- Without automated tests there can be no successful CI pipeline.
- Automated tests are technically built as Unit Tests and automatically executed in every build.
- Automated (behaviour-driven) Acceptance Tests complement the traditional Unit Tests written by the developers. Developers should focus their Unit Tests on covering the program code, while test developers should focus their tests on the functionality, including GUI tests.
- Automated test developers need to be “specialised developers” that are part of the development team. There should be no separation of development teams and test teams.
Builds and deployments
The process for builds and deployments using a distributed version control system like Git in Continuous Integration / Continuous Delivery could be:
- The developer creates a new (temporary) branch out of the master branch and switches (checkout) into the new (temporary) branch. This new branch should be used for one change only with the intent of using the new branch for no longer than a few hours.
- The developer implements the change in the new branch.
- The developer runs a build process in the Development environment(s) with execution of the Unit Tests and the integration and automated Acceptance Tests (from Behaviour-Driven Development – BDD) that can run in the development environment(s). There can be one or multiple Development environments, depending on the requirements and complexity of the project.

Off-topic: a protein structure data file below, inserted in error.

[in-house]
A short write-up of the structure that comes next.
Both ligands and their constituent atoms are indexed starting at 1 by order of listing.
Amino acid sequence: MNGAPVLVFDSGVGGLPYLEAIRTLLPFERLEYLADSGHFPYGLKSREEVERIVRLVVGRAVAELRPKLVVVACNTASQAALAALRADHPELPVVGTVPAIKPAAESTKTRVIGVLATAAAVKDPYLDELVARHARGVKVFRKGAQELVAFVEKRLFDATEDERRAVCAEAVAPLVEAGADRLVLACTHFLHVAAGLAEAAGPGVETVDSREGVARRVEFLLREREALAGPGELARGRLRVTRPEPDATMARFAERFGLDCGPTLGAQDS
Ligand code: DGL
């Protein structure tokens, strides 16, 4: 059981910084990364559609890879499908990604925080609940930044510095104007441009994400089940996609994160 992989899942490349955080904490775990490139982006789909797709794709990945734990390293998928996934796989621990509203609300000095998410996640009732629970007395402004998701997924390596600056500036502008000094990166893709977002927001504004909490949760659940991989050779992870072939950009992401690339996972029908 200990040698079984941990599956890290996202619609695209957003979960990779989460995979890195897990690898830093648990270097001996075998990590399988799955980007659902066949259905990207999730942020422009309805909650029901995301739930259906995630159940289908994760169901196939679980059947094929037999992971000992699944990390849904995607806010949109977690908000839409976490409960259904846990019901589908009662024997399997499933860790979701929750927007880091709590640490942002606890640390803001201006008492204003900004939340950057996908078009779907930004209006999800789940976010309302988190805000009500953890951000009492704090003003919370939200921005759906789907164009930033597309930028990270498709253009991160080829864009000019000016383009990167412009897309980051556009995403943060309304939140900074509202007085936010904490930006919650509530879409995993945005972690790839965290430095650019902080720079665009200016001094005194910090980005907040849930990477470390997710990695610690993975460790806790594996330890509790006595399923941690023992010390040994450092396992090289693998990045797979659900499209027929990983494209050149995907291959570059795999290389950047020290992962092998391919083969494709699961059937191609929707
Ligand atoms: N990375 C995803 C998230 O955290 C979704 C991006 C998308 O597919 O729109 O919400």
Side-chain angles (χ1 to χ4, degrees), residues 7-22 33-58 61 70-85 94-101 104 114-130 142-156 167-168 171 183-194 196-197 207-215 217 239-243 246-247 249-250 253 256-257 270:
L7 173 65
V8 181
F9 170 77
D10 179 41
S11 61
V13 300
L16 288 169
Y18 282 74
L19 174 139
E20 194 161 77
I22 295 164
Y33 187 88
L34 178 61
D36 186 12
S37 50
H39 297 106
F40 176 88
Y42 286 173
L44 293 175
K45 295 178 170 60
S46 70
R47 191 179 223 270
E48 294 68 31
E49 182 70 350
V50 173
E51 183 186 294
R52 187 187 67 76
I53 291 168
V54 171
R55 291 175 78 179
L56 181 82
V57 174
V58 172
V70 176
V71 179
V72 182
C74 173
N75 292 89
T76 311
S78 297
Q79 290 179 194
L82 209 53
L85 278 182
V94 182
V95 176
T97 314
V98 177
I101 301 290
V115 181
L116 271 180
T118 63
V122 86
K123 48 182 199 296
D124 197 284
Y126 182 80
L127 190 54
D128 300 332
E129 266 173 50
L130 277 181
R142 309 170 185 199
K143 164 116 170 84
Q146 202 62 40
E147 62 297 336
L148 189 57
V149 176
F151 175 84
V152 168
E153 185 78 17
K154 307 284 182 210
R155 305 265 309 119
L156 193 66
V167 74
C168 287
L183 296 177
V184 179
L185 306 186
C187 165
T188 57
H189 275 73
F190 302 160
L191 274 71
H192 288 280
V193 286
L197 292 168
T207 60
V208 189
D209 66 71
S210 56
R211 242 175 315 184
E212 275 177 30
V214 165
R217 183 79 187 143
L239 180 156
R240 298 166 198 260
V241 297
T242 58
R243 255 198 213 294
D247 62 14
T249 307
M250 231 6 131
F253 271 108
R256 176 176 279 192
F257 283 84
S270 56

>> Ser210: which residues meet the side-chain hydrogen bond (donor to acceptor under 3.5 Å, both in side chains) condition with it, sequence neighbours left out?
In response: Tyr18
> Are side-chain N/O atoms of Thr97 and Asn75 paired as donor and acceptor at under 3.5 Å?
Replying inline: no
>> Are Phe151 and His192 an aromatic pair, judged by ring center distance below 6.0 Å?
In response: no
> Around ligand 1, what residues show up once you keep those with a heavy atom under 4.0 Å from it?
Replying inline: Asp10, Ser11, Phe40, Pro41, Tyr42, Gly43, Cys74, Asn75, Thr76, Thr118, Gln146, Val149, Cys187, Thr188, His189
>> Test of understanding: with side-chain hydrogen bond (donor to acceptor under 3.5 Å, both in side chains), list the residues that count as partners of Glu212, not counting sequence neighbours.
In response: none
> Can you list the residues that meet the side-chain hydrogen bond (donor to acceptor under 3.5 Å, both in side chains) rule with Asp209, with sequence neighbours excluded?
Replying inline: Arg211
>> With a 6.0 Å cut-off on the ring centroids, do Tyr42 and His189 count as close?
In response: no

- The developer commits the change (to save the new branch locally).
- The developer publishes the new branch (to upload the new branch in the master repository).
- The developer sends a pull request to a senior (lead) developer.
- The senior (lead) developer does a (code) review of the change.
- If the senior (lead) developer is satisfied with the change, then the senior (lead) developer merges the new branch into the main branch and triggers a build and deployment process into the pre-production or production environment (for Continuous Delivery).
However, although the basics of this process will remain the same, most environments require a more sophisticated branching strategy.
The deployment environment for the last step depends on the maturity of the Quality Assurance (QA) process (such as the coverage achieved by the automated tests), and on the complexity of the project and the infrastructure and system dependencies. Although in an ideal world, the deployment would only be done once, it might be required to have multiple successive deployments (transports) to several environments (such as System Integration or QA Testing, User Acceptance Testing, and Production environments), each with their own quality gates for moving from one environment to the next. However, in any case, every build and deployment process should always be automated as much as possible to speed up the overall delivery process.
It might be a good idea to deploy to a separate new pre-production environment for every new version. This is particularly useful, if the pre-production environments can be built on the fly during the build and deployment process, for example by spinning up new separate virtual machines (in the cloud) or Docker containers for every new version.